Thames Path: Reading to Pangbourne


On New Year's Day 2010, Mum and Dad and I did one more stretch of the Thames Path, this time from Reading to Pangbourne.


Reading is a large town but without much of interest (sorry Reading). After a quick look at a war memorial with a giant lion statue on top of it, we headed straight to the river and began the walk.

Tree by riverside office buildings. (I think these were trailed in the 50-year-old guidebook we were using as 'a mile of ugly factories', which we would have been looking forward to if we hadn't already realised the chances of their survival were nil.)
1/125 at f8, 15mm, ISO200 51°27′48″N 0°58′26″W
Reading Bridge.
1/250 at f8, 16mm, ISO200 51°27′55″N 0°58′37″W
Roof of large building in riverside park.
1/250 at f9.5, 22mm, ISO200 51°27′58″N 0°58′45″W
Flooded fields.
1/1500 at f8, 22mm, ISO200 51°28′4″N 0°59′29″W


The riverside path approached Tilehurst (a small town, part of Reading sprawl).

Across the river. I cheated with this picture - a prize* to the first person who guesses what I did to it... (* Not really.)
1/750 at f8, 116mm, ISO200 51°28′2″N 1°0′37″W
Sign, tree, railway embankment. Near here there's graffiti on the brick wall of the embankment: 'Free Stonehenge 85'. It's been a while...
1/90 at f8, 10mm, ISO200 51°28′4″N 1°1′18″W

There is a short section in Tilehurst where you can't actually walk along the riverbank. Pretty rare these days. Looking at it on Google Maps, it seems like the railway runs right along the river edge; maybe the towpath below was washed away or taken into railway land or something. Anyway, we had to cross a railway bridge and walk through suburbia for some distance before crossing the railway again and returning to the river by a lock, where we sat to have lunch.

Across the lock, an area was in use for green-pole storage.
1/350 at f8, 250mm, ISO200 51°29′8″N 1°2′23″W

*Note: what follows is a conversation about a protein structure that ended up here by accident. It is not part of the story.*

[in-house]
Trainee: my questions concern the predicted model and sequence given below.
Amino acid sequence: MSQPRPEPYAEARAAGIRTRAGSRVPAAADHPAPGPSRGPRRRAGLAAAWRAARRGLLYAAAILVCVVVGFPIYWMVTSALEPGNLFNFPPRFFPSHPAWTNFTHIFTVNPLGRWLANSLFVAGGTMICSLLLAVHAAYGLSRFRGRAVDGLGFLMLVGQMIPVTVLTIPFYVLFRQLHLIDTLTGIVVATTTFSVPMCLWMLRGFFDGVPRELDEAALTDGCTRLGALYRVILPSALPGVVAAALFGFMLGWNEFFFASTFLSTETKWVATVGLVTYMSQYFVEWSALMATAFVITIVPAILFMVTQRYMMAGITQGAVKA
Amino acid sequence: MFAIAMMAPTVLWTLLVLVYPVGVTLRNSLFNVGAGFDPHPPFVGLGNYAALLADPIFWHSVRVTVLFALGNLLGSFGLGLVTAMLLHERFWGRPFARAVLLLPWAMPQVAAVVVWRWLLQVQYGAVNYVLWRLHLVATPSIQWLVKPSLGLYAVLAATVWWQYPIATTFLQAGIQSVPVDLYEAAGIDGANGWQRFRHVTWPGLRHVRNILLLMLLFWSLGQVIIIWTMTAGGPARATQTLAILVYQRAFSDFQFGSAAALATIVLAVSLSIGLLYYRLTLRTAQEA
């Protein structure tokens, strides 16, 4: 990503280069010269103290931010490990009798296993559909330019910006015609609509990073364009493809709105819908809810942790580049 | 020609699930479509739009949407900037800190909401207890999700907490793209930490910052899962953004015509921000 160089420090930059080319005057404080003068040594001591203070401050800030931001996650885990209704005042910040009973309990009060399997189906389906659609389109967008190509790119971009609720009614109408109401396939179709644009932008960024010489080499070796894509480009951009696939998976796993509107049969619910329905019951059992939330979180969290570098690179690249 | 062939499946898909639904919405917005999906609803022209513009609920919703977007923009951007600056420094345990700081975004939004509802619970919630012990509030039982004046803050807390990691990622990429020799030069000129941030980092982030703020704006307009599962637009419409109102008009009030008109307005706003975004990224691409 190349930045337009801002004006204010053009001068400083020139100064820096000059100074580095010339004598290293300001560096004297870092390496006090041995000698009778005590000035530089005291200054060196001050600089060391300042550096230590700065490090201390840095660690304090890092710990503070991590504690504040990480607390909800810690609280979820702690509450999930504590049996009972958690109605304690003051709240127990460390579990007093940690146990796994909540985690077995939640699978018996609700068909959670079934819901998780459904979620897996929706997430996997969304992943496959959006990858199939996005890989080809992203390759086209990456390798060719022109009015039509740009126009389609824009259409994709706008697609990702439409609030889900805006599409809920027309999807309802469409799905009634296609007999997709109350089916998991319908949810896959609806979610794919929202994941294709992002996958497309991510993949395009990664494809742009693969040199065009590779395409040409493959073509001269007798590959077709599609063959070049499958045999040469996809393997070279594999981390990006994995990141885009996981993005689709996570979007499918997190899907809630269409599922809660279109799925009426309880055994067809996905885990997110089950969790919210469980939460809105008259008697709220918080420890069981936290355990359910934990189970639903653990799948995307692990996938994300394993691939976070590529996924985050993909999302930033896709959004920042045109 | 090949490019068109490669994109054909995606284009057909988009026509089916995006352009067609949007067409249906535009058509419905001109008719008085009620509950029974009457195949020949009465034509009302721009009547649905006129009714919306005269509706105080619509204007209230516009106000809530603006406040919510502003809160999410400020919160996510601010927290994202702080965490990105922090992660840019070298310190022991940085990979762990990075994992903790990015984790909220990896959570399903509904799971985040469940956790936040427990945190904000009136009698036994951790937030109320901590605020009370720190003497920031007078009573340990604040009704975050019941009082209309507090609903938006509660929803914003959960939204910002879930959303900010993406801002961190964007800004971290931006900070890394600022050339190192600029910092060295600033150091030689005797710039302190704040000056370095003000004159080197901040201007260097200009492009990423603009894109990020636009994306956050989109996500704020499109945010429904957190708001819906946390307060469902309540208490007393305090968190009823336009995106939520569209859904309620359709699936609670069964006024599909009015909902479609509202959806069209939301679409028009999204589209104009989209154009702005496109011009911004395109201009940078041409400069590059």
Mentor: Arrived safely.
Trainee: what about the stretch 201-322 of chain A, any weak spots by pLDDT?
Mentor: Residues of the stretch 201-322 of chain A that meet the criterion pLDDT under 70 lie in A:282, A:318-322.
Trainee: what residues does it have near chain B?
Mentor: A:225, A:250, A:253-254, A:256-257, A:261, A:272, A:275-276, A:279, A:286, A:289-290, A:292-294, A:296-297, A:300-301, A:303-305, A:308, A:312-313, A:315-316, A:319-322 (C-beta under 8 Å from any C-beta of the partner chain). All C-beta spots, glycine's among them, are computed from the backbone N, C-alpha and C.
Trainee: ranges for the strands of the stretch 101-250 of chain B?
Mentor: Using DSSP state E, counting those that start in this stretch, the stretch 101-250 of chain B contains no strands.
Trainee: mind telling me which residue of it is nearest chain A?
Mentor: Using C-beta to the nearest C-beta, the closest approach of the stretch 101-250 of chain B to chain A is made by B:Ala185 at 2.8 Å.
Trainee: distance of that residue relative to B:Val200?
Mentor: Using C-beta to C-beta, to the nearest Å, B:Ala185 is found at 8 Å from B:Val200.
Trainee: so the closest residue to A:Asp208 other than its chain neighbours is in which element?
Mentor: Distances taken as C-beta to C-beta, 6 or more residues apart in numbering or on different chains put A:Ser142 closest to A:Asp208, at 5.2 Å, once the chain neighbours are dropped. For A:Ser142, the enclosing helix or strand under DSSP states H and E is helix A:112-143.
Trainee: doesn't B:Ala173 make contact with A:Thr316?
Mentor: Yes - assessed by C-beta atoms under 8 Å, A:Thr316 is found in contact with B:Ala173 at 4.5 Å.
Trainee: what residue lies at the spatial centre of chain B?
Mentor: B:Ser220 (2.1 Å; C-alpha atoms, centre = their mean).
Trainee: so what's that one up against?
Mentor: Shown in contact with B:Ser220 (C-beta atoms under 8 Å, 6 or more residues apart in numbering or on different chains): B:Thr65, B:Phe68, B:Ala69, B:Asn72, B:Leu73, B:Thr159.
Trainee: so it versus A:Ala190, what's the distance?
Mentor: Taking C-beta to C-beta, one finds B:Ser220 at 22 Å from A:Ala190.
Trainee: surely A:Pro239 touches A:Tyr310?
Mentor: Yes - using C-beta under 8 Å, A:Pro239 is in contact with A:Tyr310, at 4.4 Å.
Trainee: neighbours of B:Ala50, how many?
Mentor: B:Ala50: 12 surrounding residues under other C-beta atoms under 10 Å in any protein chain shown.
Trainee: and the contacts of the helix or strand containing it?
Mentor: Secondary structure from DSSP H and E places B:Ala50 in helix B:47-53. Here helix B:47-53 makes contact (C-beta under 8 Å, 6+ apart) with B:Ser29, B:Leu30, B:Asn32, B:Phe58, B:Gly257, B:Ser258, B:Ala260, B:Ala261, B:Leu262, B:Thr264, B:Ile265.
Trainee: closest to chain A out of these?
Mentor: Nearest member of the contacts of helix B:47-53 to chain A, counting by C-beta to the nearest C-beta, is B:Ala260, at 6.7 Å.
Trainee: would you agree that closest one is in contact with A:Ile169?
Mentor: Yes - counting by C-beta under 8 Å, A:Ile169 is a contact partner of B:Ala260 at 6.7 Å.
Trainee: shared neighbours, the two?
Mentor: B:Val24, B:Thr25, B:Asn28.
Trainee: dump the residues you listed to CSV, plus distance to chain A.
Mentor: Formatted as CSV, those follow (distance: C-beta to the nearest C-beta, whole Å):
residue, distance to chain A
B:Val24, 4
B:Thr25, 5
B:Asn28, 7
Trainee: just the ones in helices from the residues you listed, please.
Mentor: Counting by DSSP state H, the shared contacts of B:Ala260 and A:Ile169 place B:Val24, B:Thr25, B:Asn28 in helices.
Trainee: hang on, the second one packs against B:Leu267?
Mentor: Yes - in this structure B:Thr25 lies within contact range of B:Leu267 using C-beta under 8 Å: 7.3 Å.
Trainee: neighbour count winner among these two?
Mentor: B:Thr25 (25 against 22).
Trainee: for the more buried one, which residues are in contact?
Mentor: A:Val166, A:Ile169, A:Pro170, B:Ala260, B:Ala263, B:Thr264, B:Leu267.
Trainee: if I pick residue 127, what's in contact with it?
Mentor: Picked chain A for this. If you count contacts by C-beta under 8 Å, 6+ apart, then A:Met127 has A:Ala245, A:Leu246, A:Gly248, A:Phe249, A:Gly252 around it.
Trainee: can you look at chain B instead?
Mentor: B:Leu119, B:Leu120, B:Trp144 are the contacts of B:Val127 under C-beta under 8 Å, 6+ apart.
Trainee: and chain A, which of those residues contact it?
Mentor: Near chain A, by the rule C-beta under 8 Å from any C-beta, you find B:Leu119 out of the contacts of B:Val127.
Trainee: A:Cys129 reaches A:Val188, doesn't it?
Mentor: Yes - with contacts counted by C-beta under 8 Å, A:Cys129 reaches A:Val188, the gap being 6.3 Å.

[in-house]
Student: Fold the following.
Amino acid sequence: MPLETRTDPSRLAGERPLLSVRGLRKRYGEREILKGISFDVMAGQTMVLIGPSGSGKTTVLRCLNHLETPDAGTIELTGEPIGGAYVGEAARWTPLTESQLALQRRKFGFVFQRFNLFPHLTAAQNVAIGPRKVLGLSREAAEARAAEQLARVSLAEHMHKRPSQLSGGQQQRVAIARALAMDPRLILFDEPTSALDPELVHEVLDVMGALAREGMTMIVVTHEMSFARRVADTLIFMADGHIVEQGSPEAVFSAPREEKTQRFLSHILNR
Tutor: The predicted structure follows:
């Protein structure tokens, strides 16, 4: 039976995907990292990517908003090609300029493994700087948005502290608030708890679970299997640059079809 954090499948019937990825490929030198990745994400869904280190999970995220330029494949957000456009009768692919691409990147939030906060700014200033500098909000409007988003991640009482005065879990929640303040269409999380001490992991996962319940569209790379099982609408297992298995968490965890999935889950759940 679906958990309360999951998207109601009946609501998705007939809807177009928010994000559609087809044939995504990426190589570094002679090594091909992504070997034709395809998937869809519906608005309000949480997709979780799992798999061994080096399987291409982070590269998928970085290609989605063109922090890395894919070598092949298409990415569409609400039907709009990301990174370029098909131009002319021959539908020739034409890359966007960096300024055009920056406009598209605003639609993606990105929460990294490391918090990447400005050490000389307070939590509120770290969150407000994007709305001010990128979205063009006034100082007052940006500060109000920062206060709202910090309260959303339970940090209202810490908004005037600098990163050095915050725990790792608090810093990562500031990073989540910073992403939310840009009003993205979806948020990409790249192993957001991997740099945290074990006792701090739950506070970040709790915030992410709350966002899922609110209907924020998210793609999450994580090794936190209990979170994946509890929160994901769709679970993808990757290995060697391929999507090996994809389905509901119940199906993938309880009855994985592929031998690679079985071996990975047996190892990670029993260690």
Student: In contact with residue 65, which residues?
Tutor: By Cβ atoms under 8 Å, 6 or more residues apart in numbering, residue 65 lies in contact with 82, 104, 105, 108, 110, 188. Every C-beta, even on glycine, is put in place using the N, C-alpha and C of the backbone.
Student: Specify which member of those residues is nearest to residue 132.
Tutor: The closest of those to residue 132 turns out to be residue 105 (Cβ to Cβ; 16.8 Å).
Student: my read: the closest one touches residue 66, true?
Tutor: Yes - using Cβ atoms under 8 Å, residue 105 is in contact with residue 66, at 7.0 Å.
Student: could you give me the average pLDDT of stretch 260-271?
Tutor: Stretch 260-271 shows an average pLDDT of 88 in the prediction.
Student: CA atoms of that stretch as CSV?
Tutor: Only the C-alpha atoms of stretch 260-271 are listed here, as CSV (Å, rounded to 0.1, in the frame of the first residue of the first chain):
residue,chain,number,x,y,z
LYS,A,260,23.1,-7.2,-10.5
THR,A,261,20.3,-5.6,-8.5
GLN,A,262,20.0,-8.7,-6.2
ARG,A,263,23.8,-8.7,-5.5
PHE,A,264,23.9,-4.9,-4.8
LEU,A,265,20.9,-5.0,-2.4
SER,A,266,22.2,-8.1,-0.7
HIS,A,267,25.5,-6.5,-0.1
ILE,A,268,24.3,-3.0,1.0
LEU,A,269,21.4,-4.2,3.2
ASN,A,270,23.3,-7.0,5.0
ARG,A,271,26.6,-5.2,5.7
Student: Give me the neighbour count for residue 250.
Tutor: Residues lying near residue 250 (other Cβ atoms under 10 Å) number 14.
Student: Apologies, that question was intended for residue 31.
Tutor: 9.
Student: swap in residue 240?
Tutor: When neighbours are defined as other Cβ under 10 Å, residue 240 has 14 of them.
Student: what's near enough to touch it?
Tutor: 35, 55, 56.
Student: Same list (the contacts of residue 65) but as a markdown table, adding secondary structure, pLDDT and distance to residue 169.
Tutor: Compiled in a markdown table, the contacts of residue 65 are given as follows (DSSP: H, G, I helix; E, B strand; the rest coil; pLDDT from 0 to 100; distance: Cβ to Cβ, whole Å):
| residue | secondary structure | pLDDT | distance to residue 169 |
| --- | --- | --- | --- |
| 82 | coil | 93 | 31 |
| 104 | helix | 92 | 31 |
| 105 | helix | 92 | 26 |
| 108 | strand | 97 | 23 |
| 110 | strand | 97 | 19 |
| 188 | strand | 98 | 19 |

Wooden fence by lock.
1/60 at f8, 90mm, ISO200 51°29′9″N 1°2′23″W
Speed limit sign.
1/750 at f8, 55mm, ISO200 51°29′9″N 1°2′23″W

The lock actually had a small attached café, so bowing to popular demand, we stopped there for a hot drink as well.

Corrugated plastic roof over café seating area.
1/180 at f8, 74mm, ISO200 51°29′10″N 1°2′24″W
Concrete and moss. GPS data says this was taken by the lockside, so I'm guessing this is probably part of the lock.
1/45 at f8, 116mm, ISO200 51°29′11″N 1°2′24″W

To Pangbourne

The rest of the way followed the riverbank as usual.

Meadows a short distance past the lock, with mysterious dead-end pylon. (The wires only run on one side. There's a similar pylon opposite; presumably they took the cables under the river instead of over.)
1/250 at f8, 55mm, ISO200 51°29′18″N 1°2′32″W
Across the river. (Sign: 'EAA, strictly private, no mooring, no swimming, private fishing.')
1/350 at f8, 79mm, ISO200 51°29′24″N 1°2′45″W
Pentagonal boathouse.
1/250 at f8, 154mm, ISO200 51°29′31″N 1°3′13″W


Pangbourne is one side of the river; the other side is Whitchurch.

Whitchurch bridge. This is a privately-owned toll bridge (but you can walk acrosss it for free).
1/90 at f8, 22mm, ISO200 51°29′12″N 1°5′3″W
Gravestone in Whitchurch, er, church. (I think the church spire was in the last picture.) I love the lettering ('st' ligature in 'Christi', random squiggles and twists everywhere else). The date is 16-something (part is out of frame).
33434 (0x829a: Exposure Time): 3/10 (0.3) (1 Rational)s at f4.5, 22mm, ISO800 51°29′17″N 1°5′13″W
A pair of rowers on the river at sunset. Black background is because the river turns a corner; there's a hill with trees, I think.
1/180 at f5.6, 250mm, ISO800 51°29′10″N 1°5′23″W
Pedestrian arch under railway overbridge at Pangbourne. We didn't go through here, but I liked the two-tone painting. (Well, painting and not painting.)
1/10 at f4.5, 15mm, ISO800 51°29′6″N 1°5′20″W

And that was it - we got a train back from Pangbourne. But, being gluttons for punishment, we came back the very next day! (To be continued...)

All images © Samuel Marshall. All rights reserved.